How often have you said “I make the best pickled shrimp” and had the person next to you pipe up and say “no, I make the best pickled shrimp!” Never happened to you? Well, it did to me, and a throw down was born. Our good friend and marina neighbor Anne is the family keeper of her mother’s recipe. I have quite fallen for the one from Susan Spicer’s Crescent City Cooking — and how could New Orleans NOT beat out Hattiesburg, Mississippi in a food challenge? All I’ve ever eaten in Hattiesburg is Krystal burgers. I’ll cut to the chase: Anne’s mother and Hattiesburg beat me, hands down. But try both — they are quite different, both in flavor and amount of time required, and both delicious.
Ruth Weathersby’s Prize Winning Pickled Shrimp
2-1/2 pounds large shrimp
1/2 cup celery tops
1/4 cup mixed pickling spices*
3 teaspoons salt
1/2 large or one smaller yellow onion, thinly sliced
7-8 bay leaves
1-1/4 cups salad oil
1-1/2 teaspoons salt
2-1/2 teaspoons celery seed
2-1/2 teaspoons capers and juice
Dash of Tabasco
*While this is a recipe site and we do encourage making just about everything from scratch, there are times for practicality. Might we recommend you simply buy the prepared pickling spice mix from the grocery spice section (McCormick makes one so most groceries should have it) vs. spending $50 to buy all the component spices? Nonetheless, if you get a wild hair, we respect that: 6 whole cloves, 2 cinnamon sticks broken in half, 2 bay leaves crushed, 2 tablespoons mustard seed, 1 tablespoon allspice berries, 2 teaspoons coriander seeds, 1 teaspoon red pepper flakes, 1 teaspoon ground ginger.
Now, Anne neither prepared her shrimp in a galley, nor photographed it along the way. So I get points for that. But hers still won by a mile…very intense shrimp flavor! Herewith, however, some lovely pictures that don’t represent the juxtaposed instructions, which we will all just have to take on faith!
Boil the shrimp in their shells with the celery tops, pickling spices, and 3 teaspoons salt until opaque. Drain and, when cool enough, peel the shrimp. Layer shrimp with onions in a shallow dish. Scatter 7 or 8 bay leaves throughout. Mix all sauce ingredients and pour over the shrimp and onions.
Cover and store in the icebox for 24 hours, stirring several times. Win competition.
And now, for the runner-up from the Big Easy…
Second-Place Pickled Shrimp
2 pounds large shrimp
1 lemon, quartered
2 fresh bay leaves (or 4 dry)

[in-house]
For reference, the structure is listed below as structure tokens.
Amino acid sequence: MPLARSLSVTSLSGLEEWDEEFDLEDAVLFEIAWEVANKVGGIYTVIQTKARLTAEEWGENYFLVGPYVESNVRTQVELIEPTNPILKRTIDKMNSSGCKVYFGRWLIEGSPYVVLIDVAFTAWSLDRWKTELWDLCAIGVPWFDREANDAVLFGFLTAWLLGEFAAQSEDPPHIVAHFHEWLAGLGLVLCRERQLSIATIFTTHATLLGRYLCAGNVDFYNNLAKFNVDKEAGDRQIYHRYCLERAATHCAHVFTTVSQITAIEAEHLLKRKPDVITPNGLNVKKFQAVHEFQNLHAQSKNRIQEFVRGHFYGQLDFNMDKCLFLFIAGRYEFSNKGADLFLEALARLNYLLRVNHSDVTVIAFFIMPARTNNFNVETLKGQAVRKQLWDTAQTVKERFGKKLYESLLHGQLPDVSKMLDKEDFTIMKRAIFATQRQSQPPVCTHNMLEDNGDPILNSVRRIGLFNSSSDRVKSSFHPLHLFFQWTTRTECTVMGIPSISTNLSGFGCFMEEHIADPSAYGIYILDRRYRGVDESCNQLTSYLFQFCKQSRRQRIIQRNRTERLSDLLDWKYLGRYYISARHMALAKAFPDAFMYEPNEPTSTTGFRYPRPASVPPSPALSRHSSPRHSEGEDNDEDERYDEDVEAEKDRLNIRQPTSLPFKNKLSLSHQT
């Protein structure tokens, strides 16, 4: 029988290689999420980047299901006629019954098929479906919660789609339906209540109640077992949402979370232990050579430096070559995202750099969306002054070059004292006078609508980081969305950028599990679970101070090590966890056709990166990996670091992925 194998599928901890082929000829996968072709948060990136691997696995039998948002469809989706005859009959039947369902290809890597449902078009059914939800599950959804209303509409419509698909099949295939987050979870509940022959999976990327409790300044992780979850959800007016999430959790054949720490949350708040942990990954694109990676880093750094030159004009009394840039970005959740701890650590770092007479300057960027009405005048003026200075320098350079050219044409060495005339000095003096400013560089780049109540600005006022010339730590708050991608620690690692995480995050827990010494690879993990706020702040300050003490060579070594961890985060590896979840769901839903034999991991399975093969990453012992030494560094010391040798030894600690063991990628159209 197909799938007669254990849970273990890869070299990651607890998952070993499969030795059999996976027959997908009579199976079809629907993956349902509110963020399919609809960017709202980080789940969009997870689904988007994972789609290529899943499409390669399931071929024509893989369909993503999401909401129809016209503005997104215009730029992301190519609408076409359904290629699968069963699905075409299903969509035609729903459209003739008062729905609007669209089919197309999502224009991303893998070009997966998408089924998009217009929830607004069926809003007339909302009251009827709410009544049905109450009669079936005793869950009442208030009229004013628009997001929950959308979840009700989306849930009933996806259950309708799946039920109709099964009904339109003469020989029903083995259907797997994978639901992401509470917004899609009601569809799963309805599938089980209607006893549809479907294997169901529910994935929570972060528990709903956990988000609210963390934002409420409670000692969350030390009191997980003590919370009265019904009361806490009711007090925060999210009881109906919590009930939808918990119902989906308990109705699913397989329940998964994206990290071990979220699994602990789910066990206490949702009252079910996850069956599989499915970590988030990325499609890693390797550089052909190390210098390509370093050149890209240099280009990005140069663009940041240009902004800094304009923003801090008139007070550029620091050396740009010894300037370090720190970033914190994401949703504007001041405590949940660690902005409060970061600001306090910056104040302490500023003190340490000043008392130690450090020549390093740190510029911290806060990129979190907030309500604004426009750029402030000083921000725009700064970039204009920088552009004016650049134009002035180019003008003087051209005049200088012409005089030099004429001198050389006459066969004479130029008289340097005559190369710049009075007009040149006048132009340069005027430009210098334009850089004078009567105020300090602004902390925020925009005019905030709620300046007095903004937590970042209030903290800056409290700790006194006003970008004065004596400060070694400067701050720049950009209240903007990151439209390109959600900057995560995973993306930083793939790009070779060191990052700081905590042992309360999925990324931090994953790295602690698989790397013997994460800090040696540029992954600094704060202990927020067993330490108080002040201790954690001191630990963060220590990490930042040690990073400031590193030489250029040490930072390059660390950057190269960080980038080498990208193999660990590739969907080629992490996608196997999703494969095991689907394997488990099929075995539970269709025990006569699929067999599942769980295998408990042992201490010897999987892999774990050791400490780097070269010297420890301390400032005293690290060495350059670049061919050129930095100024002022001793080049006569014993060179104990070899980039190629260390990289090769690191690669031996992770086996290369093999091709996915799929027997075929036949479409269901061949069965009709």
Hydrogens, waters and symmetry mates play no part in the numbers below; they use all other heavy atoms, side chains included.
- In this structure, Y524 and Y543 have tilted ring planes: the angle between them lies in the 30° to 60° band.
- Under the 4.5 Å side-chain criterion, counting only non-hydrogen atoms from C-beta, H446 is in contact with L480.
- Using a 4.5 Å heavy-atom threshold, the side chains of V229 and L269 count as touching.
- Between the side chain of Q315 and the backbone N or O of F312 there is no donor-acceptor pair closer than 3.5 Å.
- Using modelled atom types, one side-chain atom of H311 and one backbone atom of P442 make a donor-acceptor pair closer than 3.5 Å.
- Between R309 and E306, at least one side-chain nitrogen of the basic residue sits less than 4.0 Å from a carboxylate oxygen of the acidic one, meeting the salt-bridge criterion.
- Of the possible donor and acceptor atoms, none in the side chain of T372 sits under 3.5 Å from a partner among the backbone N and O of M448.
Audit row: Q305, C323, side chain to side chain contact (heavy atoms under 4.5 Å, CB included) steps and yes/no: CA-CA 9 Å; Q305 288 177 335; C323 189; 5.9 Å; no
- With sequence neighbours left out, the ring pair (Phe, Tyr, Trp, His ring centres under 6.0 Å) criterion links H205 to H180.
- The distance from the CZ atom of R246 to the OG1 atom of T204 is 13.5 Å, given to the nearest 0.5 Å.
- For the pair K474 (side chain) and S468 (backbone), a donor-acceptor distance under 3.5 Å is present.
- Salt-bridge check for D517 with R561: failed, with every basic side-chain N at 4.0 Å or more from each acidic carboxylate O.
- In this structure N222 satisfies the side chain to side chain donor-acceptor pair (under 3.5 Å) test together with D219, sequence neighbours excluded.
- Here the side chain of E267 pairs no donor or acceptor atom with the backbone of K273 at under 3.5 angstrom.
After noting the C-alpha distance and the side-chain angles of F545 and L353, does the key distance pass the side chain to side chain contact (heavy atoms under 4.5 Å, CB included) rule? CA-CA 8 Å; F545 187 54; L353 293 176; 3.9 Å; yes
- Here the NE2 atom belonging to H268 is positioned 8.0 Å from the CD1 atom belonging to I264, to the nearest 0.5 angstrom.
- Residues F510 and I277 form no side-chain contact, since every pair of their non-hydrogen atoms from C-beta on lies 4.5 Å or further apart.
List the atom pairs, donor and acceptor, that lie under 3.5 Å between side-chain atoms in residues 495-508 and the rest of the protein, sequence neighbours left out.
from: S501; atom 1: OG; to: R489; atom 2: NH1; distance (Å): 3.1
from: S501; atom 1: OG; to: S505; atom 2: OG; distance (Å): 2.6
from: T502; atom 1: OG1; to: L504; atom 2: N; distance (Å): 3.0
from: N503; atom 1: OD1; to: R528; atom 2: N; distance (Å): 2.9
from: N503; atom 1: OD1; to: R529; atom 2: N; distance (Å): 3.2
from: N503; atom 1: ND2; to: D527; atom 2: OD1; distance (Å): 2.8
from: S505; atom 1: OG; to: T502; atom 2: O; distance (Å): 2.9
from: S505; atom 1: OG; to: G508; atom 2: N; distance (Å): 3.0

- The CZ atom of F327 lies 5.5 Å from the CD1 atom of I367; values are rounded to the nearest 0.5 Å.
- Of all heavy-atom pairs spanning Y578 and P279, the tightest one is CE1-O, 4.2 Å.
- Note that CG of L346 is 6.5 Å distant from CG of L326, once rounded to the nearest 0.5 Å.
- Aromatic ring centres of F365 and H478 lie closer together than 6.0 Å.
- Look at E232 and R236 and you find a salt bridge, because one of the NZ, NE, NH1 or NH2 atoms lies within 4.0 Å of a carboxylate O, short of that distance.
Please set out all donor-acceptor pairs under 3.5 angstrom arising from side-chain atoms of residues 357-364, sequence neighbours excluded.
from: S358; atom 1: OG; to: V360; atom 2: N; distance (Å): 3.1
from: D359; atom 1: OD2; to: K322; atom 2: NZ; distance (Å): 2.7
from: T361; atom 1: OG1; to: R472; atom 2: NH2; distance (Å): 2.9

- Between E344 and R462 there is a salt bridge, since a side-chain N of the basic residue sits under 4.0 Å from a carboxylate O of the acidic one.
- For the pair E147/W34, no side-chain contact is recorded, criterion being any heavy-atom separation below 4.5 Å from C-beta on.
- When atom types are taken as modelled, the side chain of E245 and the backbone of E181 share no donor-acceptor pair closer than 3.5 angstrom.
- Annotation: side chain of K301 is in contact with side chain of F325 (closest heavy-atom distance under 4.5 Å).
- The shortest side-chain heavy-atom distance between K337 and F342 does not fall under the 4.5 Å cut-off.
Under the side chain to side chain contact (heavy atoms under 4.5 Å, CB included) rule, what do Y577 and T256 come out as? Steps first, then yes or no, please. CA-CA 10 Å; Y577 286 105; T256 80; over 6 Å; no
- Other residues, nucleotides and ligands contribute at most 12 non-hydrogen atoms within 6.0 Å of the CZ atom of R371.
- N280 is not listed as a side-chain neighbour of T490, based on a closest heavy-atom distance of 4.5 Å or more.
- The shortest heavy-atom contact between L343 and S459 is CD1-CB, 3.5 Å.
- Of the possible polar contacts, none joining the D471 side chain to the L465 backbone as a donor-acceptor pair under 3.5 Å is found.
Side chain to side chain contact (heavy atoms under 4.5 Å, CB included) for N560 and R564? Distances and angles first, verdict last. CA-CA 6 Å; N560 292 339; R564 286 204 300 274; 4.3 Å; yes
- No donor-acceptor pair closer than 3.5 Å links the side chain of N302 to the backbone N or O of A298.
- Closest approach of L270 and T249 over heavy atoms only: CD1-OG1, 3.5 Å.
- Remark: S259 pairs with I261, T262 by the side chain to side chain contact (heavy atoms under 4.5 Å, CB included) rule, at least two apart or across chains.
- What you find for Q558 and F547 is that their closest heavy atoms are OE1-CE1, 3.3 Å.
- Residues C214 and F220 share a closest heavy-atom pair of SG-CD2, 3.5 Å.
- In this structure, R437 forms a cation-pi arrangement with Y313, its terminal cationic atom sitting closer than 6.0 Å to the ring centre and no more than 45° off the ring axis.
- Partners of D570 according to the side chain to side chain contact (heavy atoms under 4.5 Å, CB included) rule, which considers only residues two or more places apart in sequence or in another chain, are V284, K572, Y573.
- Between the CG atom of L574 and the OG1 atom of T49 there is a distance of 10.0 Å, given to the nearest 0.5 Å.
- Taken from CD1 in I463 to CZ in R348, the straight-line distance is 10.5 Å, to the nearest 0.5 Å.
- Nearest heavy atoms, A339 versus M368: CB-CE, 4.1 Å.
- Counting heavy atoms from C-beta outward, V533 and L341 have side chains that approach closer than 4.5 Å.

1 tablespoon coriander seeds
1 teaspoon black peppercorns
1 teaspoon crushed red pepper flakes
2 tablespoons salt
1/4 cup lemon juice
1/2 cup vinegar (cider or red wine)
2 teaspoons brown mustard
1/4 cup sugar
2garlic cloves, minced
1 cup olive oil
1/2 teaspoon, each, salt and black pepper
1 large red onion, thinly sliced
3 tablespoons capers with juice
2 fresh bay leaves (or 4 dried)
2 tablespoons fresh parsley, chopped
Bring a large pot of water to boil on your galley stove. While it is heating up, squeeze the lemon quarters into the pot and throw the rinds in behind. Add the remaining spices for the shrimp boil and bring to a boil. Reduce heat and simmer, partially covered, for about 5 minutes. Add the peeled and deveined shrimp and return to a boil, for about 3-4 minutes or just until the shrimp are opaque and tails bright pink.
While the spices and shrimp boil, make your vinaigrette, because you are going to want to add the shrimp while warm.
Whisk all of the vinaigrette ingredients together. You can actually make the vinaigrette a day ahead and just let it get delicious in the icebox. I didn’t do that here…probably why I lost. You don’t want the shrimp to sit in the vinaigrette that long or they will start to break down and get mushy, but the onion and all only get better by the day.
When the shrimp are cooked, drain and pull out the lemon quarters and bay leaves.
Add to the vinaigrette while still warm and stir well. Let this sit for at least 15 minutes — better still, a few hours, stirring occasionally — before serving.
Ask Eddy and Lola the Beagle to vote for you with all four/eight paws…but you still might not win!
By the way, you may be left with a lot of vinaigrette (and with luck, some shrimp or at least onions) when the day is done. If so, toss with lettuce tomorrow for one of the best salads you’ve ever had — the onions get sweet and the vinaigrette takes on the brininess of the capers and some oceany shrimp flavor as well. An added perk of the “second place” recipe!